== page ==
Enjoying Monday Morning As Much As Friday Afternoon
While running a medical charity in South Africa, William Skillman hit on the market potential for a cheap and safe alternative to paraffin cooking oil
William Skillman, 38, who is currently doing an MBA at Warwick Business School and plans on setting up a business selling bio-fuel for cooking in South Africa, knew he wanted to be an entrepreneur since he was a kid in the States.
“My first entrepreneurial activity was selling sweets to my school mates”, he says, “I have since not had a proper job and have started and run multiple businesses in the construction and real estate industries.”
“Growing up in America I was always taught that I could have whatever I wanted. If I worked hard, I could make my own future”
He spent his vacations in places where he “could enjoy the outdoors but also give back by helping the less fortunate”. He led humanitarian trips to Latin America, working on water well projects and microfinance, and Southern Africa, providing medical care to the rural poor.
In the spring of 2009, William set up a non-profit NGO that provides holistic medical care to the underprivileged in Mamelodi, in South Africa. “I worked with a group of doctors to design and build a fully-equipped clinic”, he explains. “Our goal was to provide the poor of South Africa the same level of care that we receive in the developed world.”
The organisation has brought over 3000 volunteers, mostly medical professionals, to South Africa.
“One time, a 15 year-old boy was carried into the clinic because he had been burned in a paraffin fire. You can imagine how frustrated we were to learn that...he may never walk again”, he says.
And yet, in the problem of the unsafe storage of paraffin in shacks, William foresaw an opportunity. “I began to think about how we could prevent some of the injuries and illnesses from happening in the first place. I came to realise that a cleaner, healthier way to cook, and heat these shacks could make a huge social and environmental impact on the world. That is where the idea for a bio-cooking fuel was born”.
“The goal was to develop a fuel that burned cleaner and provided a healthier living environment; essentially, treating many of the common health ailments at the source”, he explains.
Realising the potential of the bio-cooking fuel, William worked with a PhD research chemist to develop the product formula, and decided to take a year to deepen his knowledge of business by doing an MBA at Warwick Business School.
He took various entrepreneurship electives, such as Entrepreneurial Finance, New Venture Creation, and Entrepreneurial Innovation, and thinks the degree will be extremely helpful in gaining perspective on his experience in South Africa, and in helping finding the best business model for his venture.
“Previously I had worked with several not-for-profits and the issue they had was the constant need to raise donations: I call this the 'fund raising treadmill'”, he explains,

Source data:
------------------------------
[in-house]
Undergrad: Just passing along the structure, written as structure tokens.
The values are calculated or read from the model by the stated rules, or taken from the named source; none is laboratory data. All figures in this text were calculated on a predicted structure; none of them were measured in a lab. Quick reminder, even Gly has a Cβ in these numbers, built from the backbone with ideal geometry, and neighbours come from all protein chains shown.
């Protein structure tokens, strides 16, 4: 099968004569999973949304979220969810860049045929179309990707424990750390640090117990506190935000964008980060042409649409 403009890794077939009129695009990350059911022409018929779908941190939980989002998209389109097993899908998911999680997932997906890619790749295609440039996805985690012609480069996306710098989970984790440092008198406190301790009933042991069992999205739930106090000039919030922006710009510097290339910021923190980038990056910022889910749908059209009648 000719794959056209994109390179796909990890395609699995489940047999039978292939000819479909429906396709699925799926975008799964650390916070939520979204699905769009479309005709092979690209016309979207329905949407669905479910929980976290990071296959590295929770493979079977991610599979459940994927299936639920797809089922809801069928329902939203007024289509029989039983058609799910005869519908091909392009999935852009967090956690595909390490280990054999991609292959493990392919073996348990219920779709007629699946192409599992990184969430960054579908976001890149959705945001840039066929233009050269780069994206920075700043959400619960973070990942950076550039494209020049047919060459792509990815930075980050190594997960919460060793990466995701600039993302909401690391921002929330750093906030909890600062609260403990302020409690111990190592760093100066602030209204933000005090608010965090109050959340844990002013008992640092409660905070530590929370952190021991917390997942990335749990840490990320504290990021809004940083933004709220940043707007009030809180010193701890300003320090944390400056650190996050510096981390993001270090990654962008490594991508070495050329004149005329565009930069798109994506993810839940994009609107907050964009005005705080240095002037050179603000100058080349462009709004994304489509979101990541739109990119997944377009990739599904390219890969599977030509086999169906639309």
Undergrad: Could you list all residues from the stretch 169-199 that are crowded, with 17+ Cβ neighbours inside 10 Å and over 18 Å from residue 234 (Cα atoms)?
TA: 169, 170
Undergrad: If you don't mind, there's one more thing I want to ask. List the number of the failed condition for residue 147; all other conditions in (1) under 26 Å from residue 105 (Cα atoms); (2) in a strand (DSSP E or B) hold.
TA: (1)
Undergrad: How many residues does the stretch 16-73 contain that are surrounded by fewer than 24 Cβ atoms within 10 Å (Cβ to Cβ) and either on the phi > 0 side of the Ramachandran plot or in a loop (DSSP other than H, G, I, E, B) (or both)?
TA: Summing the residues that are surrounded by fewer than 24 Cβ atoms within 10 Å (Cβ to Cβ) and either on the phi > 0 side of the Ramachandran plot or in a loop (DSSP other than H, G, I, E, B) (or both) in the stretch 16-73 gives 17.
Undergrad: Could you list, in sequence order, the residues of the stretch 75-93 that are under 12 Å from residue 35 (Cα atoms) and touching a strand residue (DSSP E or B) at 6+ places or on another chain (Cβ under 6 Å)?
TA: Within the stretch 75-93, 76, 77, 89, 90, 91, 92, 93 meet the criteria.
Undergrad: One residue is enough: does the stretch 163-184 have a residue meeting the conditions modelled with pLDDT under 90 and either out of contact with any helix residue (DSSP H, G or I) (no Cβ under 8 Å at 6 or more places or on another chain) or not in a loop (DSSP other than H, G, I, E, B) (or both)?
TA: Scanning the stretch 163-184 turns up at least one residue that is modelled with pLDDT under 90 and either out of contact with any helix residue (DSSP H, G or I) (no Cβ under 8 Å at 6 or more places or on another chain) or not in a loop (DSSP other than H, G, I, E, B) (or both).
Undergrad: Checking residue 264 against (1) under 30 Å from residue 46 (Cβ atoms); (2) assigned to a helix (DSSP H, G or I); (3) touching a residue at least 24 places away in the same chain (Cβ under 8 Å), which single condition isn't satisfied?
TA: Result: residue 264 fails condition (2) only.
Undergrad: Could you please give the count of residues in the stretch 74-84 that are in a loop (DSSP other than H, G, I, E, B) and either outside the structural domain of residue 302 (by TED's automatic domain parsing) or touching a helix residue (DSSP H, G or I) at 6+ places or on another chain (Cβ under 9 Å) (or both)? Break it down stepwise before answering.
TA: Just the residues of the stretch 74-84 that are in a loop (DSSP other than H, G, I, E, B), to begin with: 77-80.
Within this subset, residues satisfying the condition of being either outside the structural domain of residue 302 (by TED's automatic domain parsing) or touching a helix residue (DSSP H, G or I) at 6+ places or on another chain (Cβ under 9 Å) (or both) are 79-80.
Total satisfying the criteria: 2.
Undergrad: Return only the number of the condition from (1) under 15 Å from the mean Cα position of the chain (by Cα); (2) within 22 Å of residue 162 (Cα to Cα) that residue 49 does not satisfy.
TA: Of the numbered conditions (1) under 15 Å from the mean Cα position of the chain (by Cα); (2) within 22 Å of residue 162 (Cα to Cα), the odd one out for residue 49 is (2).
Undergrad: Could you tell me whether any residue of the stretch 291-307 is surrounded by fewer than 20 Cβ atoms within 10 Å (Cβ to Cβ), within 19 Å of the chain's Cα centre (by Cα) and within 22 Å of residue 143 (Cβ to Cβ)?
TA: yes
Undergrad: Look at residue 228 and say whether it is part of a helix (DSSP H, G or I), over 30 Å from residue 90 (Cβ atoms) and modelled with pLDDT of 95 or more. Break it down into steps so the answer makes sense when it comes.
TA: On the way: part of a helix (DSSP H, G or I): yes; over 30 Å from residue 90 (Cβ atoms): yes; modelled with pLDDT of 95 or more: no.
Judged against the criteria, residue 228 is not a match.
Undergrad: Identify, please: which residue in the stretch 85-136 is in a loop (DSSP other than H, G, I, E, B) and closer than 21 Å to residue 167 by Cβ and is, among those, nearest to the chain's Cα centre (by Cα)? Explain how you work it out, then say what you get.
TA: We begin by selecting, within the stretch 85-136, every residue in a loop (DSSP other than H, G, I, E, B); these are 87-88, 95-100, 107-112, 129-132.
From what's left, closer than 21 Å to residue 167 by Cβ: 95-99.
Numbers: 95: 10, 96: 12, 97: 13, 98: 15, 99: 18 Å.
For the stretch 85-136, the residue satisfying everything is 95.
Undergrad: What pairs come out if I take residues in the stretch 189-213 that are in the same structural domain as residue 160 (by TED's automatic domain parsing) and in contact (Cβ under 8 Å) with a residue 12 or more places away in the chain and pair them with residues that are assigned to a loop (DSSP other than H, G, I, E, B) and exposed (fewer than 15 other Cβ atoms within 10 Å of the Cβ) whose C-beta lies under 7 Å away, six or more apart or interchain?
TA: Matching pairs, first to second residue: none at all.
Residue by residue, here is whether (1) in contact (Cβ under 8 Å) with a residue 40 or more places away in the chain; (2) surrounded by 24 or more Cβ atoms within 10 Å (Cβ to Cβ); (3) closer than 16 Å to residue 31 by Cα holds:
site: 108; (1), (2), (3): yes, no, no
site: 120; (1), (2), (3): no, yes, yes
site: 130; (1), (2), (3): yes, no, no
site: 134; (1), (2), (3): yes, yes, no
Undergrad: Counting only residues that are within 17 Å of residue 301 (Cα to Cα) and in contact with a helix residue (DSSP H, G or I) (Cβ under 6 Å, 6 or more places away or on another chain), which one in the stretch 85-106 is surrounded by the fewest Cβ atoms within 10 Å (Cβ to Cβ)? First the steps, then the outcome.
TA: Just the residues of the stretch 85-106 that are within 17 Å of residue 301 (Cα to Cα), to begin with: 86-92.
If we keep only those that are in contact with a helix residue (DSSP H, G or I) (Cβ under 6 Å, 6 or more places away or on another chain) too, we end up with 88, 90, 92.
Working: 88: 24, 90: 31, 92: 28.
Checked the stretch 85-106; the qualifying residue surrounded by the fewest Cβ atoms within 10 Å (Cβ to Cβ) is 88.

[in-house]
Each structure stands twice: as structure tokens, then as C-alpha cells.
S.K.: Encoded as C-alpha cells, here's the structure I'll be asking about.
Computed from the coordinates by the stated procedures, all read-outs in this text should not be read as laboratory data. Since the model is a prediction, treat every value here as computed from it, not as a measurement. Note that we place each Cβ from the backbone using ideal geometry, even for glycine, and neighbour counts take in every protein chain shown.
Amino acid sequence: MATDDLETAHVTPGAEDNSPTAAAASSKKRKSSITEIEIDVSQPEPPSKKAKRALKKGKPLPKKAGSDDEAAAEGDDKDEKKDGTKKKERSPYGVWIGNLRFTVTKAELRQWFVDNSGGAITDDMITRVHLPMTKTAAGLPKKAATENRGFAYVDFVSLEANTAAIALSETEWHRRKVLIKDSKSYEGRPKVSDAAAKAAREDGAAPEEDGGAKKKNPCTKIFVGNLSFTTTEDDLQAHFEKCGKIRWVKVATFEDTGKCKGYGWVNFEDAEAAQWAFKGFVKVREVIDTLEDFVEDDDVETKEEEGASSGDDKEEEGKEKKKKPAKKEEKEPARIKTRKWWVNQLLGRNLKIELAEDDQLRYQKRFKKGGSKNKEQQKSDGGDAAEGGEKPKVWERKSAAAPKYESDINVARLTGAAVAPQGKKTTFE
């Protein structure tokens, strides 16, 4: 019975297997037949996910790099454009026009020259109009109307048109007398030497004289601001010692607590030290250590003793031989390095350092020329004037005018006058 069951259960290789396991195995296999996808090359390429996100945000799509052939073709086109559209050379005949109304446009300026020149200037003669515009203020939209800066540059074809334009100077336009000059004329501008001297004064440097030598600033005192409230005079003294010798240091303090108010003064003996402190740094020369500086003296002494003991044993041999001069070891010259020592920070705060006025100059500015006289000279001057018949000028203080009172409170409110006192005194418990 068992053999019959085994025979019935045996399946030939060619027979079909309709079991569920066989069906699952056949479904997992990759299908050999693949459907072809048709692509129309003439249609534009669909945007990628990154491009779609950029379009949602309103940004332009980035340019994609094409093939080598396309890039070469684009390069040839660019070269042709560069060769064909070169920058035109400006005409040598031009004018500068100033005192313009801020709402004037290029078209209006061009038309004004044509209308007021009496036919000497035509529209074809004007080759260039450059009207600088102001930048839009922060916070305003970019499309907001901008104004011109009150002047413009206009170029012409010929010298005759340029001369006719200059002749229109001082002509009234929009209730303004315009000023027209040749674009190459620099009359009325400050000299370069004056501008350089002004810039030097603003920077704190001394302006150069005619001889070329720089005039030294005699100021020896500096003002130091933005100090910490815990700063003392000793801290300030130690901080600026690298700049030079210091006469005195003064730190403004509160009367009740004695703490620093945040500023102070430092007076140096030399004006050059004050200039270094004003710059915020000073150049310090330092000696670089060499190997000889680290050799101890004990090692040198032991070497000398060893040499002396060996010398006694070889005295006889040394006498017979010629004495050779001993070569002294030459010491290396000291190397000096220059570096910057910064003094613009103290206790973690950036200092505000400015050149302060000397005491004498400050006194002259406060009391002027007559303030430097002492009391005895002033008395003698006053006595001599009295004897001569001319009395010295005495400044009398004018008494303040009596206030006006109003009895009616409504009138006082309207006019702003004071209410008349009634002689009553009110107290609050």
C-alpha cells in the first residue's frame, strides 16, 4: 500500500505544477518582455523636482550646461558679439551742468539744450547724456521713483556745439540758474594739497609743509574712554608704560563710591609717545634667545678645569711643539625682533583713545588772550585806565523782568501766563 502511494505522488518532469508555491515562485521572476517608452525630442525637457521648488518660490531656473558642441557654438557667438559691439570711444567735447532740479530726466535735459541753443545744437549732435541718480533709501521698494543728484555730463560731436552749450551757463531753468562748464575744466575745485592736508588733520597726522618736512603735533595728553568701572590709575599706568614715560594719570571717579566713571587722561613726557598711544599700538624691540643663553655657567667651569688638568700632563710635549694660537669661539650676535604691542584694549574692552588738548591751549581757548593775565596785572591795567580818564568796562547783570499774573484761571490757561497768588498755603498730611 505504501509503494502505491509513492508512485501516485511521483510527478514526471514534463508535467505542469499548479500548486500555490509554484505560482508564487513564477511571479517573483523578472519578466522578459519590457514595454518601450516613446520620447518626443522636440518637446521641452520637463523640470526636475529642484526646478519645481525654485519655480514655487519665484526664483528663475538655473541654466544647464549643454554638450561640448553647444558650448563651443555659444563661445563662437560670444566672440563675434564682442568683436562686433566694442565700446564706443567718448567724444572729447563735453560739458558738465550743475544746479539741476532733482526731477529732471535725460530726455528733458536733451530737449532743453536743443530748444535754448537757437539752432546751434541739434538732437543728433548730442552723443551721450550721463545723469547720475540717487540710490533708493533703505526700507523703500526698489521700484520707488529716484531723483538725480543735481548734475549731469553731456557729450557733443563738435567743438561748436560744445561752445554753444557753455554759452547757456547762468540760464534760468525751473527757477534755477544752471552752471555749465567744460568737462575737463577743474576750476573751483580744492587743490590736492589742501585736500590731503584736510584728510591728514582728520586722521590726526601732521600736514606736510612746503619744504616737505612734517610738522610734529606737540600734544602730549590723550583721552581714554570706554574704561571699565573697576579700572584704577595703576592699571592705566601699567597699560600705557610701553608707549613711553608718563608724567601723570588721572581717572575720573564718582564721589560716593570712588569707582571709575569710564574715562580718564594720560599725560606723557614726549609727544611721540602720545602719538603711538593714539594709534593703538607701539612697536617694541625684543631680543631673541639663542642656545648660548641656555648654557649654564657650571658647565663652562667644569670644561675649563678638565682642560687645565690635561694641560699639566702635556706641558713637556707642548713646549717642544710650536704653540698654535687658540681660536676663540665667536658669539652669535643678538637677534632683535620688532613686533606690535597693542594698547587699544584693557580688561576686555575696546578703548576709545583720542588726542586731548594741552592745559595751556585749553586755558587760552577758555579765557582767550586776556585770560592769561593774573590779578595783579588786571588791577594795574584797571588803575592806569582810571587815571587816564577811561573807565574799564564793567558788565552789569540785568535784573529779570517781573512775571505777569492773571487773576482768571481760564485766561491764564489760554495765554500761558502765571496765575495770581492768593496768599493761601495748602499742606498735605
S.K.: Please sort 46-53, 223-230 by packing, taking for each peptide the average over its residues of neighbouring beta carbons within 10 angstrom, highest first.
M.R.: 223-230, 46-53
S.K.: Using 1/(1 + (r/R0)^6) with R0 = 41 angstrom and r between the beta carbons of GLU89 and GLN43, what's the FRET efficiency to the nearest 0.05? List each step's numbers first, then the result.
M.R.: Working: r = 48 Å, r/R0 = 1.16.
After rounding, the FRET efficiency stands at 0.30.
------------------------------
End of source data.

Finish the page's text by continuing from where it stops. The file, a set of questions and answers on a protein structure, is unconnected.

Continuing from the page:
“Since I don't consider myself a professional fundraiser I decided that anything that I did needed to be financially sustainable.
“So over the last nine months at WBS I have worked with several students and professors to develop the concept”. This way, he hopes to fund other social initiatives such as women's co-operatives and microfinance.
Despite the many challenges he will have to face in the next months – in particular developing distribution channels, the rate of market penetration, and the regulation policy towards bio-fuels in South Africa – William thinks this new business venture has good chances of being successful.
“I feel very strongly that my past experience, both in not-for-profit and for-profit, and the formal learning of the MBA will provide me with the ingredients for success”.
The MBA seems to integrate perfectly with his project: “the next step in the venture is to run a small scale pilot project”, to be used to raise start-up capital. And this will be the topic of his MBA dissertation.
“Currently, I am working with an outstanding professor, Nigel Sykes, who is also passionate about Social Entrepreneurship. We are working through the details and intend to start the project in mid- June”, he says.
Balancing a full-time MBA, a business projects, and a family can be difficult, he admits, “but we “deliberately set aside family time”. Growing up, “(I was told) I should also make time to ‘smell the roses’. So I enjoyed life”.
To people willing to work in southern Africa, he says: “it requires...perseverance and patience” but “the rewards are immense”.
“The single most important element of working in this space is to be in relationship with the people”, he points out, “This requires taking the time to just sit down over a cup of tea getting to know people and interacting in their lives, which is quite the opposite of most digital interactions in the developed world.”
“I look forward to returning to South Africa and working with the people to provide the social change necessary to help break the backbone of generational poverty”, he continues, “My overall ambition for life is to be a catalyst for social change on a global level.”
“I am very passionate about what I do. I live by one motto: I want to enjoy Monday mornings as much as Friday afternoons. If not I am doing the wrong things in my life”.
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